Direct measurements of CO2 fluxes from the soil are measured through in situ gas chambers from PP Systems (EGM-4 with SRC-1 chamber). PVC tubes with a 10-cm diameter and a 20-cm length are inserted into the soil surface. The PP systems CO2 sensor is placed on top of the tube forming a seal and a small laser illuminates the CO2 emitted from the soil. The closed chamber measurements to measure surface soil CO2 efflux are performed at sampling frequencies designed to estimate the seasonal cumulative flux for the different land use systems being evaluated. Direct CO2 measurements from the soil provide validation data for the biogeochemical models.
Visible near infrared spectrometers, VNIR are used to measure and interpolate surface organic matter. These sensors are helpful in field scale mapping of the surface soil organic matter content. This technique can provide accurate estimations of SOC concentrations in surface soils and identify within-field variability of SOC at a pixel level. These instruments work on the premise that compositions of the organic constituents in surface soils have a strong influence on the spectral reflectance of soils especially in the visible and near infrared wavelengths. For example, mollisols and alfisols, two dominant soil orders in Clear Creek, have different reflectance curves based on their organic matter content. The sensors provide the necessary data to construct a relationship between image intensity and surface organic matter content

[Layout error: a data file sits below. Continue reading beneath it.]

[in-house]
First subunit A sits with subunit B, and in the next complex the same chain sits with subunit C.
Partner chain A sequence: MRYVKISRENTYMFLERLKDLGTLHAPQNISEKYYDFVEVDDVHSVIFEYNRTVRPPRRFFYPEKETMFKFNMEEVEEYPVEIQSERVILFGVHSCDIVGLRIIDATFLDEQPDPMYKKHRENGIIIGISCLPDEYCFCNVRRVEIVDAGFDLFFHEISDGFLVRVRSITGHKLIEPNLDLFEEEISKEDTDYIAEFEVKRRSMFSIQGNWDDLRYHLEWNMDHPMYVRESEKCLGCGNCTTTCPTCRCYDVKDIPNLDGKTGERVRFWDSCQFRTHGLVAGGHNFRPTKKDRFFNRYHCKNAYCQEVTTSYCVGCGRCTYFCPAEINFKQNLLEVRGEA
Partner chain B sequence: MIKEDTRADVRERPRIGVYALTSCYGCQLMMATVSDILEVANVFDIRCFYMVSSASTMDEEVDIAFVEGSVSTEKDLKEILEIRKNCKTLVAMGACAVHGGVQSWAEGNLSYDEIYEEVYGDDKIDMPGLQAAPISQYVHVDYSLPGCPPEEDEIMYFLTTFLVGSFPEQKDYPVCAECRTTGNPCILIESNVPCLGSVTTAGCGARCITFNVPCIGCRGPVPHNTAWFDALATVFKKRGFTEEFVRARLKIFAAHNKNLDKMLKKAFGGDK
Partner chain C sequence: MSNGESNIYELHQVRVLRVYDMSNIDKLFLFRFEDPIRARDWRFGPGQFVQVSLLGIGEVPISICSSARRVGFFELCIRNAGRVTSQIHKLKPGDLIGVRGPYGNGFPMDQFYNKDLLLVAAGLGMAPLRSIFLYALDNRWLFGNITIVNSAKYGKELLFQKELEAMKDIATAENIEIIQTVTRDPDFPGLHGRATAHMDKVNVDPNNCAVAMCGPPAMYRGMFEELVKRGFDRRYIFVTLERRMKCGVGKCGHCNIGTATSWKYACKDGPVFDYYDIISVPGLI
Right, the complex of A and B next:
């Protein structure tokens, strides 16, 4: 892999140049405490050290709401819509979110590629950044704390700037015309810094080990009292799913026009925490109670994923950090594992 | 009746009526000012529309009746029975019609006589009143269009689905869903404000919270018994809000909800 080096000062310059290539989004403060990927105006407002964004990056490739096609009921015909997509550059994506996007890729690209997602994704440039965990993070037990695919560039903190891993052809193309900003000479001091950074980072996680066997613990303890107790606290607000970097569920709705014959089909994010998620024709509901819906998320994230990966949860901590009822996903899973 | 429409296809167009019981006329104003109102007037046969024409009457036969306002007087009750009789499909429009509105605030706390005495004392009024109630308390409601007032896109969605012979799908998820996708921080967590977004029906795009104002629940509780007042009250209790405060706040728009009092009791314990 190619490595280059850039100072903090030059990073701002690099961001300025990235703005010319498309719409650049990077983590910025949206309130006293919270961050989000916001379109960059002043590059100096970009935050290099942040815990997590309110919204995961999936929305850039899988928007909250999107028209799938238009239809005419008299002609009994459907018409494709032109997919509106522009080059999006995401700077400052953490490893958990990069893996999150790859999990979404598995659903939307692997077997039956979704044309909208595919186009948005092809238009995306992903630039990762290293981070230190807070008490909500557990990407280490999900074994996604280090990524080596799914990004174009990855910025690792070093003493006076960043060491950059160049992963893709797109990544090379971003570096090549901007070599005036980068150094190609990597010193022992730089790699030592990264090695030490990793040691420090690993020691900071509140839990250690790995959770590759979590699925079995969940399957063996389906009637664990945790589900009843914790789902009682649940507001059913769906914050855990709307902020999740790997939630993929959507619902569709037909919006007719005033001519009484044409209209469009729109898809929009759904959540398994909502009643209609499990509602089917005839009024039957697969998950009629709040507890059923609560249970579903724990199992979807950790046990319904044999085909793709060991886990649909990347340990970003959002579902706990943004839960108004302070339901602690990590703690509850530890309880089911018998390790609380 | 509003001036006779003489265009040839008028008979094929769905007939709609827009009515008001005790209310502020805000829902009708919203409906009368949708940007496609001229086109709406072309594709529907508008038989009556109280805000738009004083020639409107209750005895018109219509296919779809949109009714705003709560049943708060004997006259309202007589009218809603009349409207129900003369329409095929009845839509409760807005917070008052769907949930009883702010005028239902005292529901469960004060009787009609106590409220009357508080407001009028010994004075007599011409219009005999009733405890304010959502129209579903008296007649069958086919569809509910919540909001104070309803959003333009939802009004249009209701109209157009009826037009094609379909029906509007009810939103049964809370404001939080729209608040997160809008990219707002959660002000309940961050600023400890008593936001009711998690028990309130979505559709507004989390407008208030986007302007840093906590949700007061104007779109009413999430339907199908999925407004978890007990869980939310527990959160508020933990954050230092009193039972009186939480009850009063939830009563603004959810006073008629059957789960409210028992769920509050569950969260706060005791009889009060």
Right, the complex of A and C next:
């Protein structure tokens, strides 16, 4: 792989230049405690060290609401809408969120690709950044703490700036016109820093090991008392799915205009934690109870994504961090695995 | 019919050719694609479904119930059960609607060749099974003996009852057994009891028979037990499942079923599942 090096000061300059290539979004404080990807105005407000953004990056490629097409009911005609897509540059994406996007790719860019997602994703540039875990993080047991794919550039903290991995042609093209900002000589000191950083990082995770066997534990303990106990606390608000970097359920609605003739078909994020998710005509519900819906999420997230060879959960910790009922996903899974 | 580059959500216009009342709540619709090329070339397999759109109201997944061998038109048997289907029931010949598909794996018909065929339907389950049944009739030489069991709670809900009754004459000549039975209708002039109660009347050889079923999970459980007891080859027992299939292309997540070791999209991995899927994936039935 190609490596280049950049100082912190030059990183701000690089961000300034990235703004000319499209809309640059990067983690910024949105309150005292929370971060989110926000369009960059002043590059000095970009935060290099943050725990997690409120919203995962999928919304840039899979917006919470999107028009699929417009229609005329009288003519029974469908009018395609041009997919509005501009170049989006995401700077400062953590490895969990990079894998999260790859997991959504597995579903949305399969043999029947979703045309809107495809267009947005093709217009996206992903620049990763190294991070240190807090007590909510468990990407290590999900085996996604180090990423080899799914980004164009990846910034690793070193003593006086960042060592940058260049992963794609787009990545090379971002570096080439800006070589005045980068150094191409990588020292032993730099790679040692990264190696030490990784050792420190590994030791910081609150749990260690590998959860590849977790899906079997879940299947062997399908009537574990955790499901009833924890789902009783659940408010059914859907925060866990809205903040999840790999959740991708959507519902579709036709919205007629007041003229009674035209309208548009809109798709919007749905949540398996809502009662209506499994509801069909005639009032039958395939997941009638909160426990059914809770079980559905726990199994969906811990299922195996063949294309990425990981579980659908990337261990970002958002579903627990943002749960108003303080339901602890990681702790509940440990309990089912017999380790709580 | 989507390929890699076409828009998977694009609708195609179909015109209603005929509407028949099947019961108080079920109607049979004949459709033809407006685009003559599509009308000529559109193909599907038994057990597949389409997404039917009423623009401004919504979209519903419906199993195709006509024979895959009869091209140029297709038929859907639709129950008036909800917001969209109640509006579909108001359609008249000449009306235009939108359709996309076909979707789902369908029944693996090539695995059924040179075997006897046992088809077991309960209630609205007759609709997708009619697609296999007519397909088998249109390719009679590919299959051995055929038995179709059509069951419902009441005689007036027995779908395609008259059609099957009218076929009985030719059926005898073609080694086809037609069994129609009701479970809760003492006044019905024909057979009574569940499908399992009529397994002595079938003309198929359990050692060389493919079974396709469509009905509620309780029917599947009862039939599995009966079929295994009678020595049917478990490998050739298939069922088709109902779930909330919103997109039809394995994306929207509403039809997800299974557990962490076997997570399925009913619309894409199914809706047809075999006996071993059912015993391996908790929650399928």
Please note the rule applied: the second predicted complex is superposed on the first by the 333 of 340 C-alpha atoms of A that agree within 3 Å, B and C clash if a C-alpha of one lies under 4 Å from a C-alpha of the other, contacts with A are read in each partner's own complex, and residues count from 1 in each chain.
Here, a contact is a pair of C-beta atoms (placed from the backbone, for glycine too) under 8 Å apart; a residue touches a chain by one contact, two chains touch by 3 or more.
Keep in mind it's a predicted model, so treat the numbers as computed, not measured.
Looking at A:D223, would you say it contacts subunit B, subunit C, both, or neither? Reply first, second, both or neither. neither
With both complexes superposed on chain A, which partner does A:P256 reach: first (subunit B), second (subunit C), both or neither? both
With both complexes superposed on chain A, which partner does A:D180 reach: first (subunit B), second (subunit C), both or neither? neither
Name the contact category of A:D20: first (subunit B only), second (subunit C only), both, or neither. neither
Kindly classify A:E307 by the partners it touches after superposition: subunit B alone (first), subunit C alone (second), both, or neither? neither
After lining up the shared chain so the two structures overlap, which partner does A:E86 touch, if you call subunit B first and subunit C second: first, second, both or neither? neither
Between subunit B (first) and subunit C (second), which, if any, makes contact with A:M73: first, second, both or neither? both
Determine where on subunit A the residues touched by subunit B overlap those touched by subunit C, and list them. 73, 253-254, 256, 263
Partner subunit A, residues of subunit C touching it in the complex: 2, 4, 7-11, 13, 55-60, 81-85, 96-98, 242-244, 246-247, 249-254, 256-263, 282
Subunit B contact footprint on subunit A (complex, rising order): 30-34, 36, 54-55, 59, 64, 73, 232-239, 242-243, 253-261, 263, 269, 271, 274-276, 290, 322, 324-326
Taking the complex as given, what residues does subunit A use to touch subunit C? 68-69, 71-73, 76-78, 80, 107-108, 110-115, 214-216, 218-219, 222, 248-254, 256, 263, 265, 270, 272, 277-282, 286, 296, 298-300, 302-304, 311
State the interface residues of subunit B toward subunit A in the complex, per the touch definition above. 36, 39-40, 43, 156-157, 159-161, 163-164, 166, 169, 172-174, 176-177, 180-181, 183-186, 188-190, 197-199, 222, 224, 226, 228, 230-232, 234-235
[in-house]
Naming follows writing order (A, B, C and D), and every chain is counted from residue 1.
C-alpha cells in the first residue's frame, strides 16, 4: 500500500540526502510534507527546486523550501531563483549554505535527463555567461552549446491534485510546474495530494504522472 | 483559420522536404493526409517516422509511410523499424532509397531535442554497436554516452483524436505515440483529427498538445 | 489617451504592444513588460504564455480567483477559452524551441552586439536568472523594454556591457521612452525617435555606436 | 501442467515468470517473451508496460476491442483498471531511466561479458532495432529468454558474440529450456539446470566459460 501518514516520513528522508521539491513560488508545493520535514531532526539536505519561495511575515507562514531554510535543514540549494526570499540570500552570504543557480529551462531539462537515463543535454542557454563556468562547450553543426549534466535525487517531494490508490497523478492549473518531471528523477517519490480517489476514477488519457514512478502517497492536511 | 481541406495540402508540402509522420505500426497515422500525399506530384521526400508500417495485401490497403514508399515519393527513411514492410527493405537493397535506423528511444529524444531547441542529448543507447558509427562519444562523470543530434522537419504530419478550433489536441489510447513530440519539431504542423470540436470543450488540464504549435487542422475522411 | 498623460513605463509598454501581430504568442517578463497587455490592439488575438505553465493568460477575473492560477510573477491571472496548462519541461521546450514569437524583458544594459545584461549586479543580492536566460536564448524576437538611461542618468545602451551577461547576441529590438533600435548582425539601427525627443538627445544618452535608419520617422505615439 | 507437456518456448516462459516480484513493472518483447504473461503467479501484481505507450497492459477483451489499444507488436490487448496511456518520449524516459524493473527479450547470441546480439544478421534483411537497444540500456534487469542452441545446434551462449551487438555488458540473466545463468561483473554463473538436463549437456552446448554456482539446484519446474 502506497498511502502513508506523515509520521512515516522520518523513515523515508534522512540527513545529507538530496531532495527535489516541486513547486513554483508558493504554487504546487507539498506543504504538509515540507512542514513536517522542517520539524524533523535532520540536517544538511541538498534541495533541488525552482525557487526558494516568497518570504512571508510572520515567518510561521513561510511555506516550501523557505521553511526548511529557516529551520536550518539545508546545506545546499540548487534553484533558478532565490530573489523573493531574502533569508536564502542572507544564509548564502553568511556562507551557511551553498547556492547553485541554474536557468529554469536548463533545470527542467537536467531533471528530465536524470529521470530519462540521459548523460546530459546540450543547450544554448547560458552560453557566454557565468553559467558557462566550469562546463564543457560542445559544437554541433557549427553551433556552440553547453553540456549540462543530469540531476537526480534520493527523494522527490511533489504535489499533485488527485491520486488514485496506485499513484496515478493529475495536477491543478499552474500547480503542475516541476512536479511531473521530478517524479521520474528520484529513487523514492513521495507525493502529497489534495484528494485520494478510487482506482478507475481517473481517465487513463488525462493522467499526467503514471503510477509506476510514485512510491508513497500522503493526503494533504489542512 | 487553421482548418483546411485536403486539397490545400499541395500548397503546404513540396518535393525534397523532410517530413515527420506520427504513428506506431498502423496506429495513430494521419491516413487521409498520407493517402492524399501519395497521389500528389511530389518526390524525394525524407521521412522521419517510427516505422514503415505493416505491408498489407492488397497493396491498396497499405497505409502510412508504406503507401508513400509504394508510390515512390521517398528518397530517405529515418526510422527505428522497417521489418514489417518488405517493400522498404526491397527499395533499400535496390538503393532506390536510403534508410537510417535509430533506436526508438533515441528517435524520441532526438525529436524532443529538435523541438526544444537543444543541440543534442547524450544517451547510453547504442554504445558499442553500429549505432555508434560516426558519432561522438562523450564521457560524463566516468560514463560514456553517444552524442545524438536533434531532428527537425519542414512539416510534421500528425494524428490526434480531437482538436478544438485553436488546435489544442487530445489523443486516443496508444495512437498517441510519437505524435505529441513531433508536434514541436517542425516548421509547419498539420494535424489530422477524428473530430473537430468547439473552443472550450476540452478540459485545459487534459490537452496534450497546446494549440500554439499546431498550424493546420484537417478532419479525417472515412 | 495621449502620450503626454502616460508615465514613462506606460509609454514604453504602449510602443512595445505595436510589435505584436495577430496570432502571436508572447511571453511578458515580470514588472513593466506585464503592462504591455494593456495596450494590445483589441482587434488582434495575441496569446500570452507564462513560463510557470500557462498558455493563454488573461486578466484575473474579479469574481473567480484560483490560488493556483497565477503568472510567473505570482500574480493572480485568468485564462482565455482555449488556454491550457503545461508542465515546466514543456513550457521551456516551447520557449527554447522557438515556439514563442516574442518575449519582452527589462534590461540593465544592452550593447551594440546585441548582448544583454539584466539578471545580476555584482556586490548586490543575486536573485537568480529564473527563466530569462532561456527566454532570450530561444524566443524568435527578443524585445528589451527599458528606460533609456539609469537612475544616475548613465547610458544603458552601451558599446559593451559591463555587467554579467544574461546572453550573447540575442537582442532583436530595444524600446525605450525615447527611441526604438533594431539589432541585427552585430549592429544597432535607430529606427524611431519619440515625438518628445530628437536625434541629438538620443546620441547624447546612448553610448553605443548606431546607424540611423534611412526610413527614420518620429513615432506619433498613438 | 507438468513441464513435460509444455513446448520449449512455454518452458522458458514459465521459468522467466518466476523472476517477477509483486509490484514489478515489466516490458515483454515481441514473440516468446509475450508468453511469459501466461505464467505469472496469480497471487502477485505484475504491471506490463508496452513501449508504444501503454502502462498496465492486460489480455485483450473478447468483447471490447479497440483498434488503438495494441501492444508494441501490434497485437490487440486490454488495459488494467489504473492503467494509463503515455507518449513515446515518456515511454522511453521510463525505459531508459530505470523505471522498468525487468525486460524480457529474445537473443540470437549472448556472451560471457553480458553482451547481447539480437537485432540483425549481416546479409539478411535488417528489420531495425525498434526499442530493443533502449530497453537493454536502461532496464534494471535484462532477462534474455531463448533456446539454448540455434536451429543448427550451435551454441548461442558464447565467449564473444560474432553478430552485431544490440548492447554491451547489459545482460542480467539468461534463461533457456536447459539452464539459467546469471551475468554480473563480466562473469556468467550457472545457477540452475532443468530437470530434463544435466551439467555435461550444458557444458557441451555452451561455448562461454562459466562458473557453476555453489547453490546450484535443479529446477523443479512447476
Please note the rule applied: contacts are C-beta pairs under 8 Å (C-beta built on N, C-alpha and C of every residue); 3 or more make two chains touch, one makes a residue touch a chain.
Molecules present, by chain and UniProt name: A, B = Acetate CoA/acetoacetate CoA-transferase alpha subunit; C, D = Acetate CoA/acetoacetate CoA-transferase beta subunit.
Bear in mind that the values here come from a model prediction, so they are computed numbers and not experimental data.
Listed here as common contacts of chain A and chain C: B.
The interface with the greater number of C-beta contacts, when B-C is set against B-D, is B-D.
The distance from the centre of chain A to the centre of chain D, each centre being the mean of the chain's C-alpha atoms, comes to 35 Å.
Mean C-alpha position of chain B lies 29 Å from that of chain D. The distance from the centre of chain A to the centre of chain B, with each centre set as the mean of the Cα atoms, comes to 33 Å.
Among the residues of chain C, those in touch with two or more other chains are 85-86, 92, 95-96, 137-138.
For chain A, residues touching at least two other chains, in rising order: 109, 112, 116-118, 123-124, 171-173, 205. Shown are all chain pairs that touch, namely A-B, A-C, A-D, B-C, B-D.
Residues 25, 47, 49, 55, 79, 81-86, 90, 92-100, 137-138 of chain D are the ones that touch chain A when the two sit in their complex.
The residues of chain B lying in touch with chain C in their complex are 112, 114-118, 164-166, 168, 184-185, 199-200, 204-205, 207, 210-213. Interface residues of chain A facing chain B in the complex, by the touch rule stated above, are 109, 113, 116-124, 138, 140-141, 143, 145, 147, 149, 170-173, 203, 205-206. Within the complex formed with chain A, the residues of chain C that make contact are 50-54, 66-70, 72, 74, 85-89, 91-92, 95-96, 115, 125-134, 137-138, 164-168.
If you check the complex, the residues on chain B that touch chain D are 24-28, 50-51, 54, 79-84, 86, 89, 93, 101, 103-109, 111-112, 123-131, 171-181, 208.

Laser sensors have similar advantages to other remote acoustic/radar sensors; however, are often more expensive. The laser sensors do work better in turbulent environments, where acoustic pulses can be disrupted by bubbles. This sensor has been instrumental to one project, which is in an extremely turbulent system.
SIGMA automatic water and sediment samplers are installed in conjunction with the pressure transducers. The SIGMA samplers are currently programmed to automatically collect twenty-four 1-L samples at regular time intervals over the courses of runoff hydrographs. SIGMA samplers are also installed below the test plots to collect runoff.